If all the world was a stage in the English Renaissance, it follows that the stage may be the world. Surely this is was so at the Globe Playhouse, where a round building representing the world contained a stage in which a trapdoor represented hell while the actors spoke their lines in earthly settings beneath a roof painted to look like the heavens. (Kinney 2000, p2)
Elizabethan theatres were built of wood and comprised of three tiers of seats in a circular shape with a stage area on one side of the circle. The stage was more or less an open platform, jutting out into the audience, with no curtains and no elaborate sets. The audience's seats and part of the stage were roofed, but much of the main stage and area in front of the stage were open to the elements. The stage was divided into three levels – a main stage area with doors and curtains, an upper canopied area, and an area under the stage accessed by trapdoor. Performances took place between two and five in the afternoon, using natural light from the open centre of the theatre. There was very little scenery or props, leaving actors to rely on their lines and stage direction to convey the time of day and year, the weather, location and mood of the scenes. The actors used a presentational rather than representational style of performance - which means that the actors would address the audience directly.
Apart from special command performances, plays were staged for the most part in the open air, except during the winter when they moved indoors. The audience, several hundred strong, or even over a thousand, would be closely crammed in the central pit or in galleries running round the sides. The resulting stench would be appalling. Theatre had an unsavoury reputation. London authorities refused to allow plays within the city, so theatres opened across the Thames in Southwark, outside the authority of the city administration.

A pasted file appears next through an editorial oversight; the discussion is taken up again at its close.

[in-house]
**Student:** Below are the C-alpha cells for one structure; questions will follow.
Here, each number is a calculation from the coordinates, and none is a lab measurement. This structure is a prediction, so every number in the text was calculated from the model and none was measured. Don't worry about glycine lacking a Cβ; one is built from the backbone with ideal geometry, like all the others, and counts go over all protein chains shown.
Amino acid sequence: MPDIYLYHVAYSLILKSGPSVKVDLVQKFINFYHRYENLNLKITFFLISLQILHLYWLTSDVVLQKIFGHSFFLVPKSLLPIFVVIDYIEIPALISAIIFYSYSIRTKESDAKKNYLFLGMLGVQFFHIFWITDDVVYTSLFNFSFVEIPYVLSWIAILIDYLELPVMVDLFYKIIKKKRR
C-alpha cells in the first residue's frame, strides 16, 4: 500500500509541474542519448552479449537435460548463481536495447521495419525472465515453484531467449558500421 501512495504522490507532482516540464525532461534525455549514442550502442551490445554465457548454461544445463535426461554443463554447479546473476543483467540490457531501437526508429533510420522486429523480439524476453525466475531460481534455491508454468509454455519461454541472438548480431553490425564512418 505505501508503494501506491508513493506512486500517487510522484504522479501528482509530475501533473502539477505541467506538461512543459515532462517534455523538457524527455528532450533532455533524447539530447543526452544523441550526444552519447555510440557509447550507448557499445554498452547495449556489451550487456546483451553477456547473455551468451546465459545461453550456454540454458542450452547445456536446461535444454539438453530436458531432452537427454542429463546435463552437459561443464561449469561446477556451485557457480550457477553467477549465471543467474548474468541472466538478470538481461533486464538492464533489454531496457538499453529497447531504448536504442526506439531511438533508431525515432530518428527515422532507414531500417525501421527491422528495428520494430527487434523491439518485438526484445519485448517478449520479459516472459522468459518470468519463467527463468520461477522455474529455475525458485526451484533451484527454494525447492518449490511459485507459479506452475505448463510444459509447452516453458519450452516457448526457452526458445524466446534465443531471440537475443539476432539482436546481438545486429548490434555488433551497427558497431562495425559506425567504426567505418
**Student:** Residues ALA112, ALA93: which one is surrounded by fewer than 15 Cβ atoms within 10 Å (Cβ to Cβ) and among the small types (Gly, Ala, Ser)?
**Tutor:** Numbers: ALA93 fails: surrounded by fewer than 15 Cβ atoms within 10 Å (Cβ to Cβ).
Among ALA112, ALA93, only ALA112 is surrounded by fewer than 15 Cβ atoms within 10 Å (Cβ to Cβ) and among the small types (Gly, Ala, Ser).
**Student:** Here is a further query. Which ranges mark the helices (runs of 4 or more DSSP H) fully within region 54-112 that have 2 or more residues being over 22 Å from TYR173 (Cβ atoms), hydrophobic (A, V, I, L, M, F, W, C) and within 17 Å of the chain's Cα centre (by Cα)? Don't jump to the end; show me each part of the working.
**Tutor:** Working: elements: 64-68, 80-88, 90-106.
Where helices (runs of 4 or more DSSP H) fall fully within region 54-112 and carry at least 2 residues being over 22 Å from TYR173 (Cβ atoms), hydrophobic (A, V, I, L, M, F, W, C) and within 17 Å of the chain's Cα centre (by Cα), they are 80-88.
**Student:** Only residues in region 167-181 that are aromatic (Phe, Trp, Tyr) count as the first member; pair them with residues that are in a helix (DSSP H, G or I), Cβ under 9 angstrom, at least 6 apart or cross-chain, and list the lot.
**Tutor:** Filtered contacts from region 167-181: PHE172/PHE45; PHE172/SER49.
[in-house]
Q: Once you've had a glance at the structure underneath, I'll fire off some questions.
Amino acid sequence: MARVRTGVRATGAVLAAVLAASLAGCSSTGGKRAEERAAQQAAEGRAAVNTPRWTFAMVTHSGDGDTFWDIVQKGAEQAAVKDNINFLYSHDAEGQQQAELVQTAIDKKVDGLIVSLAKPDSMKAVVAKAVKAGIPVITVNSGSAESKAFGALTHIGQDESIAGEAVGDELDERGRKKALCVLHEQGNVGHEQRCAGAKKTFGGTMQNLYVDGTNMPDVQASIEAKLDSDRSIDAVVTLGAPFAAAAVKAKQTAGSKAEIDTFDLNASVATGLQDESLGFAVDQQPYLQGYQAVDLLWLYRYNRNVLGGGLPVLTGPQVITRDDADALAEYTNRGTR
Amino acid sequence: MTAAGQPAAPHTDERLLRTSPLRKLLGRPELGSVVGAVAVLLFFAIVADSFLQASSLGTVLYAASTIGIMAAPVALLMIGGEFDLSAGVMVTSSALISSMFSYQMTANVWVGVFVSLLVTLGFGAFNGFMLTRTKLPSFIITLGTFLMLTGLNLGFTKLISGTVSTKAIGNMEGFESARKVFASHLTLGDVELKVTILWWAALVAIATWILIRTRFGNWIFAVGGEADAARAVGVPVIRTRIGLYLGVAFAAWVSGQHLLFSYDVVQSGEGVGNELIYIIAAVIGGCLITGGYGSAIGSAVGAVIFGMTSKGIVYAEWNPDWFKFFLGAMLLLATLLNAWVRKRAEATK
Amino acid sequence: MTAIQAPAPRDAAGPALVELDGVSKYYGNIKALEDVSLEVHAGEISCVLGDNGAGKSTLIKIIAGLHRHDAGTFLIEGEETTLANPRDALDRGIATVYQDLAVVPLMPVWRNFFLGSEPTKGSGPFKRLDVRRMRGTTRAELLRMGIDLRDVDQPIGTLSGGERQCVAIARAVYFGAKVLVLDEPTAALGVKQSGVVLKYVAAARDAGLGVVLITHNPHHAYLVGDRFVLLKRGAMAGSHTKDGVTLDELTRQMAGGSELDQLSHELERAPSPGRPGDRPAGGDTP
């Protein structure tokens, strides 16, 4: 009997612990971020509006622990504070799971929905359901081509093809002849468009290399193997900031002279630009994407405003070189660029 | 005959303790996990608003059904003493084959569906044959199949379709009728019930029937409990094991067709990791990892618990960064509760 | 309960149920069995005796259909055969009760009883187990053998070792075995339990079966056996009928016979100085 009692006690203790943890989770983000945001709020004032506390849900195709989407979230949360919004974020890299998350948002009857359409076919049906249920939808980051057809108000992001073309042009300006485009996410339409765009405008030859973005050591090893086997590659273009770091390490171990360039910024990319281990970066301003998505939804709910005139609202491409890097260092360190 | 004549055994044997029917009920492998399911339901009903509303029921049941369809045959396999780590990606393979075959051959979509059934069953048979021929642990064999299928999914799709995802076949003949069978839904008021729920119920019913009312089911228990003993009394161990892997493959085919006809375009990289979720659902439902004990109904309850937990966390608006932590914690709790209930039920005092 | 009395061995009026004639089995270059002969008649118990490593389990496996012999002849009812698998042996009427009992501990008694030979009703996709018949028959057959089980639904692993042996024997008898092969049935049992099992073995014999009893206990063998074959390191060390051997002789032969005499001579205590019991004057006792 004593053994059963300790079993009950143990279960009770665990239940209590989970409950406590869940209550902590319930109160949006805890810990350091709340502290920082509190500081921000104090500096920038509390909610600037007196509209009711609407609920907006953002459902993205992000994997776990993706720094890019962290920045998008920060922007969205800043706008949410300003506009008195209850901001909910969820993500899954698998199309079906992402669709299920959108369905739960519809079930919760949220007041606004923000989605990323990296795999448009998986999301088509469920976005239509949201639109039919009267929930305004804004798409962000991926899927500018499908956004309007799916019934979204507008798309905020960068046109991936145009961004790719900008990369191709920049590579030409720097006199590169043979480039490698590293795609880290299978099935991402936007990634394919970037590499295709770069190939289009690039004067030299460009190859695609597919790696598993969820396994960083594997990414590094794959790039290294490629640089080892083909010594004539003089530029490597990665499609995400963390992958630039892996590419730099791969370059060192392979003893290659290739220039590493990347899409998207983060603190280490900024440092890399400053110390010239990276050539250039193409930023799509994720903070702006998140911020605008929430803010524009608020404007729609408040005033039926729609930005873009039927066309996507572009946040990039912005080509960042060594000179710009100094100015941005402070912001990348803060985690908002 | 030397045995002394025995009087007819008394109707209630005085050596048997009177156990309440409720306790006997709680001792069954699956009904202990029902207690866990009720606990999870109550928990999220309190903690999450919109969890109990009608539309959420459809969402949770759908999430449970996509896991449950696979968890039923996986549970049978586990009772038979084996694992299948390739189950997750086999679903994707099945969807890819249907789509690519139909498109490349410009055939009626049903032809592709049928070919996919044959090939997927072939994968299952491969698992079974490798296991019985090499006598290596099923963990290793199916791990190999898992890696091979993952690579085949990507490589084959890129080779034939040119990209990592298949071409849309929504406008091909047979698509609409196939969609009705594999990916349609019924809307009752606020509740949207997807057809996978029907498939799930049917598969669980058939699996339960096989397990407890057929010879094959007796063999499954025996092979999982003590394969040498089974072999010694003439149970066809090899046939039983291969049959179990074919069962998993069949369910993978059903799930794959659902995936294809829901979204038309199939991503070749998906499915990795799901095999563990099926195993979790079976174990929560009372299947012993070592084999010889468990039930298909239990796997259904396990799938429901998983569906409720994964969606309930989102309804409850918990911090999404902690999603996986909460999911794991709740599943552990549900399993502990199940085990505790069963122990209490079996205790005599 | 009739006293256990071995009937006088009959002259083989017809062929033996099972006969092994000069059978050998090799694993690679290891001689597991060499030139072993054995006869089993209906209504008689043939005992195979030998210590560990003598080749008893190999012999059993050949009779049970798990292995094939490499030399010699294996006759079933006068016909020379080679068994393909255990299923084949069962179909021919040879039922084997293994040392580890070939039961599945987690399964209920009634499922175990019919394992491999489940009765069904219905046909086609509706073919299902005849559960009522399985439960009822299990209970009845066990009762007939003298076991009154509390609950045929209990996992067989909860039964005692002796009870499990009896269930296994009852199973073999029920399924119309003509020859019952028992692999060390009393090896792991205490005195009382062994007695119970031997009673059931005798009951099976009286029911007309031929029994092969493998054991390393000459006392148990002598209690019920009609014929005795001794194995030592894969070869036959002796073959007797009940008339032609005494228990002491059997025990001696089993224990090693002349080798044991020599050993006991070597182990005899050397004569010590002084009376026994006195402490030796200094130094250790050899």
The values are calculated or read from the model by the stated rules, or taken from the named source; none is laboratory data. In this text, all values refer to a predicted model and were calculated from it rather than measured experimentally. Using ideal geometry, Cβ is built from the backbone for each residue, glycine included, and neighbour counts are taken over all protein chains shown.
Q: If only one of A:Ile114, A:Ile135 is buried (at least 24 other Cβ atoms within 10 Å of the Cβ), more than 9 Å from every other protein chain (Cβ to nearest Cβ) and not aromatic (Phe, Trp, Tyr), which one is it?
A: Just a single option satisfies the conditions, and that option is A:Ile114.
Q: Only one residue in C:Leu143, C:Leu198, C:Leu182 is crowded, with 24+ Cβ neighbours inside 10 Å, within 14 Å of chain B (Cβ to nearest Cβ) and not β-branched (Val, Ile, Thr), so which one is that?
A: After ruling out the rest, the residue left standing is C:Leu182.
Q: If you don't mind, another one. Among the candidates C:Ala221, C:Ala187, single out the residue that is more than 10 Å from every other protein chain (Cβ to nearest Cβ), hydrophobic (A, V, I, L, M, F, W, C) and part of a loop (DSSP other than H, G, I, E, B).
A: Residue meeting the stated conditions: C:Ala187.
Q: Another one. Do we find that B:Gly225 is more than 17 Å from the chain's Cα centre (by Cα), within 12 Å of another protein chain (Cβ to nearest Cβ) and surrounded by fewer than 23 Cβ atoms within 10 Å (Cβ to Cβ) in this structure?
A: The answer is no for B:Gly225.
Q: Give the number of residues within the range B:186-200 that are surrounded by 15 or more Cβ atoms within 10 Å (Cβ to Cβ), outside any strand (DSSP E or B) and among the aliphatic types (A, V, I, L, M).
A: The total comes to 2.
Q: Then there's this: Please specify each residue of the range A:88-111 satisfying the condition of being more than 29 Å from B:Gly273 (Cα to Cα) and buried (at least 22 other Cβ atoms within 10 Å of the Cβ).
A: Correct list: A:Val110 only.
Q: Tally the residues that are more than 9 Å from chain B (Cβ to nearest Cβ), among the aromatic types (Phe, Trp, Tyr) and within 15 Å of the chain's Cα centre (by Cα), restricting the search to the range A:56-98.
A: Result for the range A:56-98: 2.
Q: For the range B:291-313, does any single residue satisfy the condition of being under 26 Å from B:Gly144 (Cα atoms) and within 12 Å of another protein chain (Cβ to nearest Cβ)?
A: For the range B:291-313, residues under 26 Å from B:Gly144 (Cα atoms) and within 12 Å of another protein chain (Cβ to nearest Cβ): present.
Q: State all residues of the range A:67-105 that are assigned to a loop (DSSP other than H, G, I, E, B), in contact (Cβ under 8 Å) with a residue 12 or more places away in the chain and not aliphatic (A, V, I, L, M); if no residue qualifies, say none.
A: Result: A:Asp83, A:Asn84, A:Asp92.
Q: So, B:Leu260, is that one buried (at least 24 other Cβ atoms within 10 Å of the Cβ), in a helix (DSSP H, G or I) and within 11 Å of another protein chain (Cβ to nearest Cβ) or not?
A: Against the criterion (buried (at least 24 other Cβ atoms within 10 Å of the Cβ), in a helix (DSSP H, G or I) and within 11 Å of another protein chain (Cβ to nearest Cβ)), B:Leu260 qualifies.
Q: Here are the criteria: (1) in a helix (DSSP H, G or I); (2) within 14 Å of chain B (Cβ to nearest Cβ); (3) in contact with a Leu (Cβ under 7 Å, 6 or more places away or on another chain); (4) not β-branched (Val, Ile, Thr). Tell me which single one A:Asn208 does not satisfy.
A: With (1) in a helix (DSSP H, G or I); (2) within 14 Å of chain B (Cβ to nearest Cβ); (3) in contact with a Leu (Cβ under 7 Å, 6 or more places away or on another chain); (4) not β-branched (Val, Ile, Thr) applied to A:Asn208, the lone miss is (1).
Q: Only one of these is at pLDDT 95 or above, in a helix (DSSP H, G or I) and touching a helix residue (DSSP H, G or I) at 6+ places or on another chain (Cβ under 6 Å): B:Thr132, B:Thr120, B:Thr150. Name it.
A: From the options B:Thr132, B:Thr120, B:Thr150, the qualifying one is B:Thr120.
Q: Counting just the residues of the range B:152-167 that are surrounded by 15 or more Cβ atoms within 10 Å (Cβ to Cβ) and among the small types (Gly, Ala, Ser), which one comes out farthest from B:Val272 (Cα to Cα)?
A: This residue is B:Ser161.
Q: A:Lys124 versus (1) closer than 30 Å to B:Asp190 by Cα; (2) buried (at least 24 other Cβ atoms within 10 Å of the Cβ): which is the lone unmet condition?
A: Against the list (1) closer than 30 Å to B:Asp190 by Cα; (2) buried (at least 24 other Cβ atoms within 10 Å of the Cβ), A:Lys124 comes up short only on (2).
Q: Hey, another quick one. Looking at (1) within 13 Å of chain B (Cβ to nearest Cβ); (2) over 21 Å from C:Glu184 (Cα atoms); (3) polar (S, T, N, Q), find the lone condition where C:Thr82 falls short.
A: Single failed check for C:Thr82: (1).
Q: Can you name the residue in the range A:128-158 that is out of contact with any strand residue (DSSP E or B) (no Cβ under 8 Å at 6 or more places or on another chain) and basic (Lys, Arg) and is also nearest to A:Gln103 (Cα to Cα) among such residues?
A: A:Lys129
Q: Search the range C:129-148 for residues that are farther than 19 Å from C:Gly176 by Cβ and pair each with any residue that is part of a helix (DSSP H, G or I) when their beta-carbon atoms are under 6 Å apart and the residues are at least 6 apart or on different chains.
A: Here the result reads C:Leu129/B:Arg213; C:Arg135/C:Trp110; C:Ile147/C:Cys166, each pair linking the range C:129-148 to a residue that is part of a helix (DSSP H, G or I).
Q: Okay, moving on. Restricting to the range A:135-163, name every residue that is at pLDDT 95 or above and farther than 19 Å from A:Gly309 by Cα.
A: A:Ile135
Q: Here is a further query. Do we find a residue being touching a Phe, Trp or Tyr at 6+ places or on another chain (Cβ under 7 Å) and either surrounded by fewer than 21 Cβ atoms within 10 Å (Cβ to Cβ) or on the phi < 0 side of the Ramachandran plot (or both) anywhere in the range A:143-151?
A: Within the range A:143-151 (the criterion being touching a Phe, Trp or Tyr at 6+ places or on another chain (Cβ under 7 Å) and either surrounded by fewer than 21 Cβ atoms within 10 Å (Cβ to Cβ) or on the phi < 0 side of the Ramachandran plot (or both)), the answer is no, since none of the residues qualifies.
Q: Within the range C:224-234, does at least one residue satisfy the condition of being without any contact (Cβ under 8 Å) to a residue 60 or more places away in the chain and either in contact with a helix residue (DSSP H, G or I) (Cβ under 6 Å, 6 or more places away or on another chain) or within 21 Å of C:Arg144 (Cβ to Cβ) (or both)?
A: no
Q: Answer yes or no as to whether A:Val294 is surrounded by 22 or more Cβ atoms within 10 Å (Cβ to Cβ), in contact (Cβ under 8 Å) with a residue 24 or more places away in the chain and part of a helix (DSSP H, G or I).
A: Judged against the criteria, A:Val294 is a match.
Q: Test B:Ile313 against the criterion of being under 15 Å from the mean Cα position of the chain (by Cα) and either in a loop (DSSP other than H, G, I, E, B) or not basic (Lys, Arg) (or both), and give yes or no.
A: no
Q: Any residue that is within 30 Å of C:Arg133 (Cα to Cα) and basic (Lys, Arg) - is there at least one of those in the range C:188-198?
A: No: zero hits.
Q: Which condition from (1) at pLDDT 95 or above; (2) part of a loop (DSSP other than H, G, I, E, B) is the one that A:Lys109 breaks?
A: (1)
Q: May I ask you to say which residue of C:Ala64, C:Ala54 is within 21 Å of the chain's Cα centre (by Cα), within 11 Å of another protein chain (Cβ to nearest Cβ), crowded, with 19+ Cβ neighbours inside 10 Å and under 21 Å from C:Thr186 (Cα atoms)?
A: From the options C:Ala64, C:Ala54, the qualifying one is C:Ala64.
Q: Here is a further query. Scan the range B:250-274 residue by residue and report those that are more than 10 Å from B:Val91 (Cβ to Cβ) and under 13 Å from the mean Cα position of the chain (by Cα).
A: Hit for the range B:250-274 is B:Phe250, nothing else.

Davenant’s prologue for The Unfortunate Lovers (1638), a Blackfriars play, speaks of the citizenry in the twopenny galleries at the amphitheatre playhouses of the previous generation:
…they…to th’ Theatre would come
Ere they had din’d to take up the best room;
Then sit on benches, not adorn’d with mats,
And graciously did vail their high crowned hats
To every half-dress’d Player, as he still
Through th’hangings peep’d to see how th’ house did fill.
Good easy judging souls, with what delight
They would expect a jig, or target fight. (Gurr 1987, p42)
The professional theatre (a relatively new establishment for England), necessarily reflected the political and social strains of the time. The location of theatre buildings, the structure and organisation of theatre companies, and the entire scene of theatrical activity in Renaissance London epitomised the fundamental tensions of English society as it moved from the medieval to the modern world.